The technology behind blockchain could revolutionize world trade and lead to improved interactions between businesses all over the world, according to a new report.
Although the World Trade Organization (WTO) document acknowledged that more needs to be done in order to join up the various innovation taking place, it predicted blockchain "could well become the future of trade infrastructure and the biggest disruptor to the shipping industry and to international trade since the invention of the container".
Indeed, the report suggested there could be a possible increase of $3 trillion in new trade as a result of it by 2030.
For this to come to fruition, the WTO said issues around interoperability between blockchain platforms and standardization would need to be resolved as obstacles to widespread adoption.
A regulatory layer would also need to be applied and all banks properly connected, which could present quite a significant technological challenge.
"Without this regulatory layer, blockchain will likely be confined to proofs of concept and pilot projects," warned WTO senior analyst Emmanuelle Ganne.
The report concluded that all stakeholders will need to come to terms with the legal implications of blockchain adoption and participate in more years of pilots and proofs before a sustainable model can be created and fully rolled out.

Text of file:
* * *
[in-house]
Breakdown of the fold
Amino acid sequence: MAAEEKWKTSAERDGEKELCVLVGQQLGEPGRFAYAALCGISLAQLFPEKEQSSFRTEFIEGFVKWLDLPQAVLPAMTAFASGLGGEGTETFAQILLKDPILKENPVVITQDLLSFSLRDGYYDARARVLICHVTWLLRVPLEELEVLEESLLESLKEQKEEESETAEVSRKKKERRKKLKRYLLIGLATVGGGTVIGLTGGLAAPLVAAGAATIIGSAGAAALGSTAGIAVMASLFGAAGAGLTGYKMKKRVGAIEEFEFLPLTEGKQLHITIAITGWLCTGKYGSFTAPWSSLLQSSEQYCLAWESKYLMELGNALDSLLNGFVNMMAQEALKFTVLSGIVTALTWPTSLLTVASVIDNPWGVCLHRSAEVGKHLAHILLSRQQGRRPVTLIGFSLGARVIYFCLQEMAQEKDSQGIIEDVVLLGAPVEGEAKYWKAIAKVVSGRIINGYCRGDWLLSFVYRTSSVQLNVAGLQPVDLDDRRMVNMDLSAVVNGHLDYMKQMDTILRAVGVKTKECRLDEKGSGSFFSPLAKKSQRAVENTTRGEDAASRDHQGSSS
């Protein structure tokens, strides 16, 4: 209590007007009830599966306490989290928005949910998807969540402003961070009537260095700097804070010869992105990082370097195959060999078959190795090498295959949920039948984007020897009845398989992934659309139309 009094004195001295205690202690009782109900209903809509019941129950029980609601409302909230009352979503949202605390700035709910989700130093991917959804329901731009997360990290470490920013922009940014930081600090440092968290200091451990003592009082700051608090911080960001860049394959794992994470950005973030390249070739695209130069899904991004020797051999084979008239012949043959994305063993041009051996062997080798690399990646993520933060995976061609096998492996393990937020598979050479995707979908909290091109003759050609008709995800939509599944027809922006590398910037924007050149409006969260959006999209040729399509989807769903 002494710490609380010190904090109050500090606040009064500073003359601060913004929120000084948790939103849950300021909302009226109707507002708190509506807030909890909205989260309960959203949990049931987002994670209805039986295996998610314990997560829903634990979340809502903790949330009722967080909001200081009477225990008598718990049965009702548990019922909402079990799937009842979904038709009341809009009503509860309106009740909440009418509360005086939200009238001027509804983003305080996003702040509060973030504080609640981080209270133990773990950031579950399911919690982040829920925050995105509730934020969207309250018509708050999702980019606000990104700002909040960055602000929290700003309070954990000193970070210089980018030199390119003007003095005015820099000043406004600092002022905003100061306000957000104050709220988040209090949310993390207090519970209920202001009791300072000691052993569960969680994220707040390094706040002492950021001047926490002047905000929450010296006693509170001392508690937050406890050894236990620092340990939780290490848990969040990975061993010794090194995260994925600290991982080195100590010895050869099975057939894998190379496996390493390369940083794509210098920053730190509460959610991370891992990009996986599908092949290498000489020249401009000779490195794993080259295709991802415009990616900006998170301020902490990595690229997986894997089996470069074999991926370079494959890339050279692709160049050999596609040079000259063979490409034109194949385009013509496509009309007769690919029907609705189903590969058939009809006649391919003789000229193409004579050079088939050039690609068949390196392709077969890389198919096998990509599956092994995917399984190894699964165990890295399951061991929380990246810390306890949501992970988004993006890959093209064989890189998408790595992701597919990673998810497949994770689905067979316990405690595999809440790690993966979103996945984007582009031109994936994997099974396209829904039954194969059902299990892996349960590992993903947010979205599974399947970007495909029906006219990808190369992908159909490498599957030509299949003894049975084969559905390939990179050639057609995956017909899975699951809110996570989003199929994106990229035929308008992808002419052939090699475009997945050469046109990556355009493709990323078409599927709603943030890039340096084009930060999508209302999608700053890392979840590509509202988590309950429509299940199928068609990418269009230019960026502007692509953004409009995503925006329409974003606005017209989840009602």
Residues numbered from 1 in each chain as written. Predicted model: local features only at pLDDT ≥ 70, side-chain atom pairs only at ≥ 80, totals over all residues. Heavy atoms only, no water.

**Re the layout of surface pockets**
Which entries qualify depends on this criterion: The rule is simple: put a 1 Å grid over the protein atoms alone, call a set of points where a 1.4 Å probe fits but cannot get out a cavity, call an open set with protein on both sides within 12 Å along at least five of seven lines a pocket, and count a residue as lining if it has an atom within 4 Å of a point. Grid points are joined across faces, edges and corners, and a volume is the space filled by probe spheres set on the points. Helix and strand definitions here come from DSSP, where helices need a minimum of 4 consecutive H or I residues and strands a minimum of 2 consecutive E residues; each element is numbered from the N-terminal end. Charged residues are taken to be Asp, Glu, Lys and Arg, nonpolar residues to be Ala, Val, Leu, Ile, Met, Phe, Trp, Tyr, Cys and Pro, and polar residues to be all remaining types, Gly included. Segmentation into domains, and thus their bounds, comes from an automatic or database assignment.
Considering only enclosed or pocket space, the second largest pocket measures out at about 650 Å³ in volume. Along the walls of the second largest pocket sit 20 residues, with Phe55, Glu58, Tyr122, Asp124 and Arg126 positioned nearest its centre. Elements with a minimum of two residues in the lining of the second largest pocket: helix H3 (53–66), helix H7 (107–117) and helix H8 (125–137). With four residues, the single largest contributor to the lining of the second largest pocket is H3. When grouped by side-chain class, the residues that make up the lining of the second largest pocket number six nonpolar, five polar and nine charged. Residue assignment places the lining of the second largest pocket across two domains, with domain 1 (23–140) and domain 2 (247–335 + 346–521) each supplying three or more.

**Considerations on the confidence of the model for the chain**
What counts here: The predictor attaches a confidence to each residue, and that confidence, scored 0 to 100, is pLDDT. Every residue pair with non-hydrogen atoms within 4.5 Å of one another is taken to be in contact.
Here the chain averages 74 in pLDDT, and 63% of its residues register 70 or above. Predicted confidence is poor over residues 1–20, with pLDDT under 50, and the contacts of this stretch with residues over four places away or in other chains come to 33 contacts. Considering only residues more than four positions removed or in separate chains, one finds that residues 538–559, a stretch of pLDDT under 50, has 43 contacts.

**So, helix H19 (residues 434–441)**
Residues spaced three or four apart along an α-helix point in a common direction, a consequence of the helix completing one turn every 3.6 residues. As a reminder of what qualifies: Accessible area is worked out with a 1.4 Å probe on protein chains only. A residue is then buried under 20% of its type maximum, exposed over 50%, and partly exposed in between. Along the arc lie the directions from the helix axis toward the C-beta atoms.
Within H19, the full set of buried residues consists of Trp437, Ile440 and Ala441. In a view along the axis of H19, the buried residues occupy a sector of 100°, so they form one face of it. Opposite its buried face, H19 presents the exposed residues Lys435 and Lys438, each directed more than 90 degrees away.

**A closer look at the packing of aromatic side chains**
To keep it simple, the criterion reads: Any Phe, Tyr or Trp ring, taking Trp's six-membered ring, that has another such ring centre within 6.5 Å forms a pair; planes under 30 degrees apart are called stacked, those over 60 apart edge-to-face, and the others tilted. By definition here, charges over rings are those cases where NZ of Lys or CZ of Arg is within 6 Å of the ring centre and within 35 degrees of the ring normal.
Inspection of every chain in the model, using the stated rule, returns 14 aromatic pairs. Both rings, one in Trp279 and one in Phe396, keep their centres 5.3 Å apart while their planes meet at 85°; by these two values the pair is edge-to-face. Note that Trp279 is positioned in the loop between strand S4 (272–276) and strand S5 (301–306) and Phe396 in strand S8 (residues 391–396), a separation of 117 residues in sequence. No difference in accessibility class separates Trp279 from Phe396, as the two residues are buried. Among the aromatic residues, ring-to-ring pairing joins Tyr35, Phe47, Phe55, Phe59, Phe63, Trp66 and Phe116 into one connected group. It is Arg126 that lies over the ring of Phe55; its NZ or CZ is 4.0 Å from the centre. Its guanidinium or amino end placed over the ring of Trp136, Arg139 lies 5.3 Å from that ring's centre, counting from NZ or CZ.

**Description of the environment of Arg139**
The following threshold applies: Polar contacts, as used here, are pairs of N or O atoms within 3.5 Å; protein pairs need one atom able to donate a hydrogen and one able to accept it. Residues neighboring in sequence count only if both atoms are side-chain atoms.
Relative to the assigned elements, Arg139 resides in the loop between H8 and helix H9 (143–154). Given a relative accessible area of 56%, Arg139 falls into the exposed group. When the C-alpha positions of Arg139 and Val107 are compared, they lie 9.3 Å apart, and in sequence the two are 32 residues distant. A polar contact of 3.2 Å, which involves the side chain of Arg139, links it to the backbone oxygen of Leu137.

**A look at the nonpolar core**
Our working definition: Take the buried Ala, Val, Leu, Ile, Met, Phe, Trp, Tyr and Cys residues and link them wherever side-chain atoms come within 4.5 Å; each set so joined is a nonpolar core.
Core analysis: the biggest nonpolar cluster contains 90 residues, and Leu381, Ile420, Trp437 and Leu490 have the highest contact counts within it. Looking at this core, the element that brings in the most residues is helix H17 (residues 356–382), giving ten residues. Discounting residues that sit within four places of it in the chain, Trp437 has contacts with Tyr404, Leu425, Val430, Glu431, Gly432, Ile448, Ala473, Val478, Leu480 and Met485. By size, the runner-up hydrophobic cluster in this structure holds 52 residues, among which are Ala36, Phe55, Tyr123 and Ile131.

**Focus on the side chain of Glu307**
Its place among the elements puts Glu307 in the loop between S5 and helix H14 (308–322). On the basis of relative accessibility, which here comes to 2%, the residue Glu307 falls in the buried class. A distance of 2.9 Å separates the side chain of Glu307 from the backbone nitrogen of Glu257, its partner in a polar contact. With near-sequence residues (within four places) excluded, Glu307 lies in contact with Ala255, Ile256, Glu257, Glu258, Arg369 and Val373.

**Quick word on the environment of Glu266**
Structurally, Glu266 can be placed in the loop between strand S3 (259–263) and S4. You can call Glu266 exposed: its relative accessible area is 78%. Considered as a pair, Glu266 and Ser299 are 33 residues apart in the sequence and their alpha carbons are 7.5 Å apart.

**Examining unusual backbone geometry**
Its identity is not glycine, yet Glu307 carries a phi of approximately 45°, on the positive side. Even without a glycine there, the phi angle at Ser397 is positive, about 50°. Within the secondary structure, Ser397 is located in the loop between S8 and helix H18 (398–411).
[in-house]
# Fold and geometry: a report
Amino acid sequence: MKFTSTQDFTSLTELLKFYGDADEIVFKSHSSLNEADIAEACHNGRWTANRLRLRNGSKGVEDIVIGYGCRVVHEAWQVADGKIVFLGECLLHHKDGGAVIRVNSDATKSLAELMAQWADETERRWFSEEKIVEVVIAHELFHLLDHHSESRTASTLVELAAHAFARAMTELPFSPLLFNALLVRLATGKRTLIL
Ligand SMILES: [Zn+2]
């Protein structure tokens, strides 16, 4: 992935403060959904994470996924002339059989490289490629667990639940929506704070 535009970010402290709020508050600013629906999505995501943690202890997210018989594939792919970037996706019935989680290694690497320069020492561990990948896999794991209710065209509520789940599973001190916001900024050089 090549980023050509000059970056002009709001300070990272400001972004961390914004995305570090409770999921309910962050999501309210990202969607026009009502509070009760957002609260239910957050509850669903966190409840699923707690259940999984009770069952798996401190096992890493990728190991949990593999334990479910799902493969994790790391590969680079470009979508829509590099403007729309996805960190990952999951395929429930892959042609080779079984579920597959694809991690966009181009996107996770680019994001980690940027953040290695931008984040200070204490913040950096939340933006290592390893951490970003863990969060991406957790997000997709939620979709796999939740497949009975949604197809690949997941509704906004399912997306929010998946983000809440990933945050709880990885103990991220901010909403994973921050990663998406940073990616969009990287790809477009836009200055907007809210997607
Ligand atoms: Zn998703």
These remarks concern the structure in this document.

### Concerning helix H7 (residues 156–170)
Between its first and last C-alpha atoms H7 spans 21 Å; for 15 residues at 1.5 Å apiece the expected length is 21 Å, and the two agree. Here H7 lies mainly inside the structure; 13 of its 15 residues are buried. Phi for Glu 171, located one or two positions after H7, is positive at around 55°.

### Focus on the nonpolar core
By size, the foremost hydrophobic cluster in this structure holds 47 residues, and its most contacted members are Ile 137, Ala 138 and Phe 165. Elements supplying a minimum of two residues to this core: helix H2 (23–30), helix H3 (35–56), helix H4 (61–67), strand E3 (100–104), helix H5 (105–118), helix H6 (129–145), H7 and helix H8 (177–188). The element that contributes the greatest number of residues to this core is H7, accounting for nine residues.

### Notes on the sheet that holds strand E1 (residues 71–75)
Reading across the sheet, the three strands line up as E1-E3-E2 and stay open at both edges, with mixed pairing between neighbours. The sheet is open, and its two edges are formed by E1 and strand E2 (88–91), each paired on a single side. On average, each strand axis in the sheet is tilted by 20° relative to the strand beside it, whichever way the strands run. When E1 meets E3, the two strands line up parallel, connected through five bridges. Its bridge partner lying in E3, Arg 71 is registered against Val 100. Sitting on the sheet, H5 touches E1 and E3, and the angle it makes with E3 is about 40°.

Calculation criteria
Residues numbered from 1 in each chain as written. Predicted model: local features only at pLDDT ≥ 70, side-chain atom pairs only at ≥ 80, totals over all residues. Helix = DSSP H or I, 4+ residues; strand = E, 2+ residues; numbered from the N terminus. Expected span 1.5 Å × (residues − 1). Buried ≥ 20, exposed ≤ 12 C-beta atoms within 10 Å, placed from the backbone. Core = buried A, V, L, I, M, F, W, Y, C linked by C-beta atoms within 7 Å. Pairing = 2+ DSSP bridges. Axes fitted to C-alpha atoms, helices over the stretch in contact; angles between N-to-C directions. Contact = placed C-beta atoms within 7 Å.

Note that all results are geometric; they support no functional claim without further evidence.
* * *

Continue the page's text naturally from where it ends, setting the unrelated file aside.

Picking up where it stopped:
Earlier this week, seven EU member states - France, Italy, Spain, Malta, Cyprus, Portugal and Spain - signed a joint declaration to promote the use of blockchain technology to boost government services and economic wellbeing.
They each committed to collaborating on development in order to become a leading region in the sector.
Meanwhile, a survey conducted by the German Federal Association for Information Technology, Telecommunications and New Media found that 15 per cent of German companies think blockchain will change society and the economy as much as the internet.
Some 36 per cent of larger companies in the EU country hold the same opinion, Cointelegraph auf Deutsch reported.
Blockchain is defined as "an incorruptible digital ledger of economic transactions that can be programmed to record not just financial transactions but virtually everything of value", according to Don and Alex Tapscott, who wrote Blockchain Revolution in 2016.
It is similar to a spreadsheet that is duplicated across a network of computers, but is also designed to be regularly and independently updated.